Today In History – July 3, 1969: Newport Jazz Fest Experiments With Rock Music

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The Newport Jazz Festival experimented with rock music for the first time on July 3, 1969.

The festival’s 1969 program was an experiment in fusing jazz, soul and rock music and audiences. Its lineup included, besides jazz, Friday evening appearances by rock groups Jeff Beck, Blood, Sweat & Tears, Ten Years After and Jethro Tull. Saturday’s schedule mixed jazz acts such as Miles Davis and Dave Brubeck with others including John Mayall and Sly & the Family Stone.

James Brown was among those who appeared Sunday afternoon, followed in the evening by Herbie Hancock, blues musician B. B. King and English rock group Led Zeppelin.

Miles Davis remarked that the various artists involved were highly encouraging to each other and that he enjoyed the festival more than ever before. He noticed and appreciated the spirited nature of the younger audience. But some clashes did occur. Excess crowds estimated at twenty thousand who had been unable to obtain tickets filled an adjacent hillside, and the weekend was marred by disturbances including fence crashing and crowd surging during the most popular performances.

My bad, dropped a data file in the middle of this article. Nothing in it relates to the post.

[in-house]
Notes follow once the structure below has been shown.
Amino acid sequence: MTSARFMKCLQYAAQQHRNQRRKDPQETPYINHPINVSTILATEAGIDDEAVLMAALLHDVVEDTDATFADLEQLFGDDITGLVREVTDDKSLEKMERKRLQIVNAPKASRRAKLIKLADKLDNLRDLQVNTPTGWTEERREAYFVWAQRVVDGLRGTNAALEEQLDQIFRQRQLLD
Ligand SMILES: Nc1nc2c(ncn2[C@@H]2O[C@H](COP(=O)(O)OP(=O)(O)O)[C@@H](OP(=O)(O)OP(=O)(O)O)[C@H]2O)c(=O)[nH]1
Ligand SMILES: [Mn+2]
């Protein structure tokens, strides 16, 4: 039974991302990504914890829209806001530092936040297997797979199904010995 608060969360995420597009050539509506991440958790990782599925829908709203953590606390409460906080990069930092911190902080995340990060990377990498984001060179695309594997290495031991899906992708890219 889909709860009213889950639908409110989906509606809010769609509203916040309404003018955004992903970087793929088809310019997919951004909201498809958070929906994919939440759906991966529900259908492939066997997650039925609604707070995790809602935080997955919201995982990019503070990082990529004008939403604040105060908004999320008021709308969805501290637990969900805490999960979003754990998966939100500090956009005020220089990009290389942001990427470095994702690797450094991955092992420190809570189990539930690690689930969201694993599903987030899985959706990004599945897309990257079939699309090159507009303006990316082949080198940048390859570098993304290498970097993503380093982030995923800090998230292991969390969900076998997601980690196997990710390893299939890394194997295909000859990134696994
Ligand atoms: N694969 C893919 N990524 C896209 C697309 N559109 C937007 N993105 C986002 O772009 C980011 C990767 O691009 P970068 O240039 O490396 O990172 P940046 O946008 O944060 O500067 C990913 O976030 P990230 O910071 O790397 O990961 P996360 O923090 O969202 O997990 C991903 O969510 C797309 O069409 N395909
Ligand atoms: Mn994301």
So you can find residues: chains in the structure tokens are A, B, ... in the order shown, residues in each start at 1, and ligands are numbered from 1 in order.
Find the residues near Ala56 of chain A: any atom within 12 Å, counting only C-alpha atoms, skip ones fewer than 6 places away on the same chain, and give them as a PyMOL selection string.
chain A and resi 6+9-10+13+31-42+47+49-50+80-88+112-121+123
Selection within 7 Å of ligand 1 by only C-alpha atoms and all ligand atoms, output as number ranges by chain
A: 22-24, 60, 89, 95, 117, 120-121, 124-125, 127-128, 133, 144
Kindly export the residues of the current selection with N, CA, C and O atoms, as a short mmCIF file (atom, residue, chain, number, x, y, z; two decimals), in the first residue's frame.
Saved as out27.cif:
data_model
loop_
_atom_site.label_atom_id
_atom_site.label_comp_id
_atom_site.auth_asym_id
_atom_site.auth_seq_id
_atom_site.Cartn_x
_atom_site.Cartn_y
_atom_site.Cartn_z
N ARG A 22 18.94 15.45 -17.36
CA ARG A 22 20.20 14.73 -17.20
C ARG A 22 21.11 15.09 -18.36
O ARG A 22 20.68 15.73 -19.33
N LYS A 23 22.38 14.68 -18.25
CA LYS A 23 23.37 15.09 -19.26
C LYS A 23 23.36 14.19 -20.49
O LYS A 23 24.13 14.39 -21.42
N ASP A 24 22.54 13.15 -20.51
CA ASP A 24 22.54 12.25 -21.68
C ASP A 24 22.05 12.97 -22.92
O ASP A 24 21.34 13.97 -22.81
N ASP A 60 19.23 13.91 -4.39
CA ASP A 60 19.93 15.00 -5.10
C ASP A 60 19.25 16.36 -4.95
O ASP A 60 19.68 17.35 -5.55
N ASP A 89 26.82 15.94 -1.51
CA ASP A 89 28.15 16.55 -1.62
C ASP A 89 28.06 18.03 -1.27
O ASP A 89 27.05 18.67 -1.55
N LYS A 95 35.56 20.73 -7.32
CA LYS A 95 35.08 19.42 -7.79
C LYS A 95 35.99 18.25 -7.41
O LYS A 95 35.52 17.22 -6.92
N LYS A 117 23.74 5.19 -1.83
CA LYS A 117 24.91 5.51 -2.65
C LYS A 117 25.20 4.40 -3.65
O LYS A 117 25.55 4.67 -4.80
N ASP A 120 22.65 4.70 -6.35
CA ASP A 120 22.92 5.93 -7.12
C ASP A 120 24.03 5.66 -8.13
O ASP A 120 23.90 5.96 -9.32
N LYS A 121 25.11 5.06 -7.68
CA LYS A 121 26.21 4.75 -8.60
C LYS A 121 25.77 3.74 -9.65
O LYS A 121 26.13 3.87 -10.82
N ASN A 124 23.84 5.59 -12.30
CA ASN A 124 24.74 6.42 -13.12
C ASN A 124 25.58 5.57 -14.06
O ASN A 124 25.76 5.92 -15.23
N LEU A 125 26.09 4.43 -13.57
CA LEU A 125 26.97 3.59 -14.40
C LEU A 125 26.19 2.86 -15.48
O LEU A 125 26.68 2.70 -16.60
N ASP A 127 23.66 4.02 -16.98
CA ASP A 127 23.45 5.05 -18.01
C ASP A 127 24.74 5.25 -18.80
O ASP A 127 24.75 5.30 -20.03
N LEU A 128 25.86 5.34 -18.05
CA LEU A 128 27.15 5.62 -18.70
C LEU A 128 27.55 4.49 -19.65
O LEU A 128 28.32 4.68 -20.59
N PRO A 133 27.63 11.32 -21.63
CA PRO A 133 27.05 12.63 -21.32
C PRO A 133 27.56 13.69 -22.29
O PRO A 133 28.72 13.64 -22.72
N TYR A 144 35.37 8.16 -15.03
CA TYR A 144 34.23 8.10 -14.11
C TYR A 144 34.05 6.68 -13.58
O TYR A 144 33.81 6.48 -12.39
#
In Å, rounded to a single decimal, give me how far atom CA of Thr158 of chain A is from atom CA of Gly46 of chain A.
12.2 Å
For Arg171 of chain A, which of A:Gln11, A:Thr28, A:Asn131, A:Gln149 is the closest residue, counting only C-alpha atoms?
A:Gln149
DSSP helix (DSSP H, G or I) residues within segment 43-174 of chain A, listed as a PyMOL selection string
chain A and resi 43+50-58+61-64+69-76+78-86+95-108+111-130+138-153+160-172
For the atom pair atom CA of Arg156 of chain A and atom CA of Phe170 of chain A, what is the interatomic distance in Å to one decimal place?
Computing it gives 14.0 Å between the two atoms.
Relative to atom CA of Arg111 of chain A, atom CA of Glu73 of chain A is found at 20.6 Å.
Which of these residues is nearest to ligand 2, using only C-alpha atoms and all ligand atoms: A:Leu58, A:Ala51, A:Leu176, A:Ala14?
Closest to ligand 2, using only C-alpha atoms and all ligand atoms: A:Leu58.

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Saturday evening’s disturbances were particularly significant, prompting producer George Wein, who feared a riot, to announce that the Sunday evening Led Zeppelin appearance was cancelled. That show was allowed to go forward as initially scheduled after much of the overflow crowd had left the city following the cancellation announcement.

For 1971, the festival booked The Allman Brothers Band, a pioneering Southern bluesrock group. Many more fans were drawn than Festival Field could cope with. On the second night of the festival, following the recording of what would be released as “The Dave Brubeck Quartet featuring Gerry Mulligan – The Last Set at Newport” on Atlantic Records, over 12,000 people (would-be festival goers combined with young college age anti-Vietnam war protesters of that era) occupying the adjacent hillside crashed the fence during Dionne Warwick’s performance of “What The World Needs Now Is Love”, initiating a major disturbance.

That year’s festival was halted after the stage was rushed by the intruders and equipment destroyed.

The festival would not return to Newport in 1972, it was in Newport York City and then Saratoga Springs for several years. The Newport Jazz Festival would finally return to Newport in 1981.

1969 Newport Jazz Festival

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